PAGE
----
DAFM collaborates with Dr. Charles Kaspar at the University of Wisconsin - Madison, on a study examining the waterborne transmission of E. coli 0157:H7 in cattle. Molecular subtyping of E. coli isolates will also be done to assess possible development of new E. coli strains. This information will be used in developing prevention scheme strategies for on-farm control of E. coli transmission.
Assessment of the dissemination of antibiotic resistant bacteria in food and within the food animal environment has been an important component of the DAFM mission. Preliminary data were developed in conjunction with NARMS on the prevalence of resistant enterococci, Salmonella, Campylobacter, and E. coli associated with animal-derived food. This work was preliminary to the development of an annual national survey, which will be initiated in FY02 and will be a collaboration between CVM and the Centers for Disease Control and Prevention.
The survey of animal feed commodities was also initiated as a pilot project during FY01 and will be expanded in FY02 in conjunction with FDA's Office of Regional Operations. This work forms part of CVM's ongoing risk assessment activities and is being conducted in concert with NARMS. The rationale is based on the potential for feed commodities to serve as vectors for the dissemination and maintenance of antibiotic resistant determinants within animal production environments.
During FY01, CVM was in the midst of conducting a formal risk assessment on the potential human health impact of Enterococci serving as a vector for transferring synercid resistance to humans through the food supply. This potential risk arises from the long-term use of virginiamycin, a Synercid analog, as a growth promoter in animal production. DAFM has been significantly involved in this risk assessment activity by providing microbiological analytical support through data collection and analysis.
DEVELOPMENT OF FLUOROQUINOLONE RESISTANCE IN CAMPYLOBACTER JEJUNI
Historically, antimicrobials approved for use in food animals have been evaluated based on their efficacy against the animal pathogen. There is increasing concern about their effect on resistance development within non-target, foodborne bacteria that are pathogenic to humans. These studies examined the effect of the veterinary-specific fluoroquinolones against the foodborne pathogen, Campylobacter jejuni. A series of experiments were conducted in broiler chickens using sarafloxacin and enrofloxacin. The results demonstrated that the use of fluoroquinolones in chickens, under label indications, generates a rapid increase in the fluoroquinolone minimum inhibitory concentrations (MICs) of resident C. jejuni (from 0.250 to 32 µg/mL), appearing within the treatment time frame and persisting long after treatment is stopped. No resistant isolates were detected in the non-treated control groups. In the case of C. jejuni from animals treated with sarafloxacin, an increased proportion of susceptible isolates appeared beginning at day 12. At day 26 (3 weeks after ending treatment), 72% of the isolates tested displayed MICs >32 µg/mL. In contrast, 100% of isolates analyzed from the enrofloxacin-treated animals displayed ciprofloxacin MICs of 32 µg/mL throughout the experiment, which ended 16 days after ending treatment. These results highlight the potential of inducing resistance in non-target bacterial species.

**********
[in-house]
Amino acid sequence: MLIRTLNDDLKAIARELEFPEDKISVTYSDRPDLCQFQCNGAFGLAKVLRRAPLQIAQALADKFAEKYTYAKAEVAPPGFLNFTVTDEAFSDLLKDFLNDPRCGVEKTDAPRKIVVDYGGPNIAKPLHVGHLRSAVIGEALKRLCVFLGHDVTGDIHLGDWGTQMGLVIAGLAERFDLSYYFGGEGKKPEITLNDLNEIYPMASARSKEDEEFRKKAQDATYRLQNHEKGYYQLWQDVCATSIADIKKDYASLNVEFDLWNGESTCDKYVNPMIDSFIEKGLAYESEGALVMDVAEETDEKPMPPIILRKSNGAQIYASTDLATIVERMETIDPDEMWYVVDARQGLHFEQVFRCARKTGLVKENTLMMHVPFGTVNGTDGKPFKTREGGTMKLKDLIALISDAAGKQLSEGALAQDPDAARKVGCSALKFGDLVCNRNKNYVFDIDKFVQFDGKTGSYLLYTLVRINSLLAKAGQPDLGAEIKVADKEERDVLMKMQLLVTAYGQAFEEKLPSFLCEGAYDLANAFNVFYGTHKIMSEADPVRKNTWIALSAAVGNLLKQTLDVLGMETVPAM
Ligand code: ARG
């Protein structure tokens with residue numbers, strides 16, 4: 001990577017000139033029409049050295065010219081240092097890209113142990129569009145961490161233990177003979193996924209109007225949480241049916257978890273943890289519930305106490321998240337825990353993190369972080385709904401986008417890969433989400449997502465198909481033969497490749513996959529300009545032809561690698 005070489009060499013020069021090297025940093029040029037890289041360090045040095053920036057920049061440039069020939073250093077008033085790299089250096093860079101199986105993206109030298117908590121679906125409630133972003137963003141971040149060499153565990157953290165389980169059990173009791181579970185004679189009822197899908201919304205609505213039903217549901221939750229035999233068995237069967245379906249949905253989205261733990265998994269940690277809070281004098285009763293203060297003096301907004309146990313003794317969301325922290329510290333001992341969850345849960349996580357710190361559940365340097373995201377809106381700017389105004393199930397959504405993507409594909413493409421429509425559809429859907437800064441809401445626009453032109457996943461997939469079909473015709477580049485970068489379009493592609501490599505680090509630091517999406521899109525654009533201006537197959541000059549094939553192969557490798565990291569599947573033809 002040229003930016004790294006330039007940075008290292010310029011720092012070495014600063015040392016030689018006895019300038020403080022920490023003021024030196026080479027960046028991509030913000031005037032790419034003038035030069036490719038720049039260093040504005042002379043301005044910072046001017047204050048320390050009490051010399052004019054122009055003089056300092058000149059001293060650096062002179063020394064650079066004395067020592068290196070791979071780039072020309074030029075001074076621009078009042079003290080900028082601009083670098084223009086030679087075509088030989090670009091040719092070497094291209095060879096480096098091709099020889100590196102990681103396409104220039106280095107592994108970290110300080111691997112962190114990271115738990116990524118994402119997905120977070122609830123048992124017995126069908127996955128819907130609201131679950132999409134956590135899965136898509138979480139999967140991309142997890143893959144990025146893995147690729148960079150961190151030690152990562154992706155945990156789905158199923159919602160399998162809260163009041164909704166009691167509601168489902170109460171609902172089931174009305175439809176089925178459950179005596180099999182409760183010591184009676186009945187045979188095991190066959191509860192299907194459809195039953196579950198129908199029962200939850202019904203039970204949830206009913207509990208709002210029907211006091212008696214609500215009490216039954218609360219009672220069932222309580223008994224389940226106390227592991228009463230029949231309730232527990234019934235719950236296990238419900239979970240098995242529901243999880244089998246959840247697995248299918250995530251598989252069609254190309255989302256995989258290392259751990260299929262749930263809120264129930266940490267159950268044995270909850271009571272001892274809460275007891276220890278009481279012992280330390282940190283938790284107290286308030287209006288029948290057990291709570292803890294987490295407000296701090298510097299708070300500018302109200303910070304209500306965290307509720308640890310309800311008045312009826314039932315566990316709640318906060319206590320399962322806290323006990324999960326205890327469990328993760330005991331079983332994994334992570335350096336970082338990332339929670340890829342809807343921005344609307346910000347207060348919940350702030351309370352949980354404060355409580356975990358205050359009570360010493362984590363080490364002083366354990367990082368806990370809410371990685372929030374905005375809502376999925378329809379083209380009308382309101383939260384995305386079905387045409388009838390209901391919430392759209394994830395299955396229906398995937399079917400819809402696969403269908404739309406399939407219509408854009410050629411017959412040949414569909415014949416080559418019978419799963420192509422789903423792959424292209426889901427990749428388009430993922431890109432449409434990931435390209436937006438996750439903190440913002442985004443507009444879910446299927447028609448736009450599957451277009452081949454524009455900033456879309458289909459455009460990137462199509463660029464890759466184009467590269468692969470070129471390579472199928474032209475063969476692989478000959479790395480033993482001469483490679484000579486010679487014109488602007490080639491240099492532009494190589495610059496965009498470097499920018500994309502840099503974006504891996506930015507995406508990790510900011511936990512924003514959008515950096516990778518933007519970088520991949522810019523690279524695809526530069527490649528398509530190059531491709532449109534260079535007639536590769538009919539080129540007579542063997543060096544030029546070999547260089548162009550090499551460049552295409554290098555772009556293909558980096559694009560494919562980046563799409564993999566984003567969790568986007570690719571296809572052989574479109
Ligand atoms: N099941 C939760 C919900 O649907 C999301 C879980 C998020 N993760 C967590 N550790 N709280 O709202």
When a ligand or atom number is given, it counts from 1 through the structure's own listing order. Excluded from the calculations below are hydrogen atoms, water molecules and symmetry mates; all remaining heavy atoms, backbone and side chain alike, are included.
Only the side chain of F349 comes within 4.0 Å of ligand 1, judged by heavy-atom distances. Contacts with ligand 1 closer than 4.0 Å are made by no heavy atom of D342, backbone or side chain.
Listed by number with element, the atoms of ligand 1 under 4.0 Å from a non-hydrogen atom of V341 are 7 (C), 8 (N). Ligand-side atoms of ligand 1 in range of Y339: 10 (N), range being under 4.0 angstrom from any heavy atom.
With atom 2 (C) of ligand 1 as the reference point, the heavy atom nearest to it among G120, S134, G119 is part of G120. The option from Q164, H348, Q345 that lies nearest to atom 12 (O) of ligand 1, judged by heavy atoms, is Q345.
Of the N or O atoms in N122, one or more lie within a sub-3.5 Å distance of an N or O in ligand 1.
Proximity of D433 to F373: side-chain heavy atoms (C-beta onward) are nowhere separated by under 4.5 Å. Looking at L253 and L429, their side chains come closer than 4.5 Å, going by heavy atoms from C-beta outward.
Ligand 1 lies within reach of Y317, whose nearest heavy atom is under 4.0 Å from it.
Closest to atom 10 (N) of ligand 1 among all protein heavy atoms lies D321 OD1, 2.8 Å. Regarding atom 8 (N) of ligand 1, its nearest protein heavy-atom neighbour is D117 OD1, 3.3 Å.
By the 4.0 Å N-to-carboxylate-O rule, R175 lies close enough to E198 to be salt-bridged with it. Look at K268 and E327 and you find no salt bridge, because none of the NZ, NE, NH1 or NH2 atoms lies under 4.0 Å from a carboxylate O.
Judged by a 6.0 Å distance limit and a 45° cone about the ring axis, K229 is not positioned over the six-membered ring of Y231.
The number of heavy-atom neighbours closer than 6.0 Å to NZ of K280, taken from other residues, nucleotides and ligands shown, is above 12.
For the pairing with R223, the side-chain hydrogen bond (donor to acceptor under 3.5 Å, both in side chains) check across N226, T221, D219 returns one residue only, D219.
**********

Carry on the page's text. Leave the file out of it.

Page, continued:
The above represent just a few of the ongoing highly successful research studies being conducted by DAFM scientists. These studies are achieving The President's Food Safety Initiative goal of helping to reduce the incidence of foodborne disease to the greatest extent possible.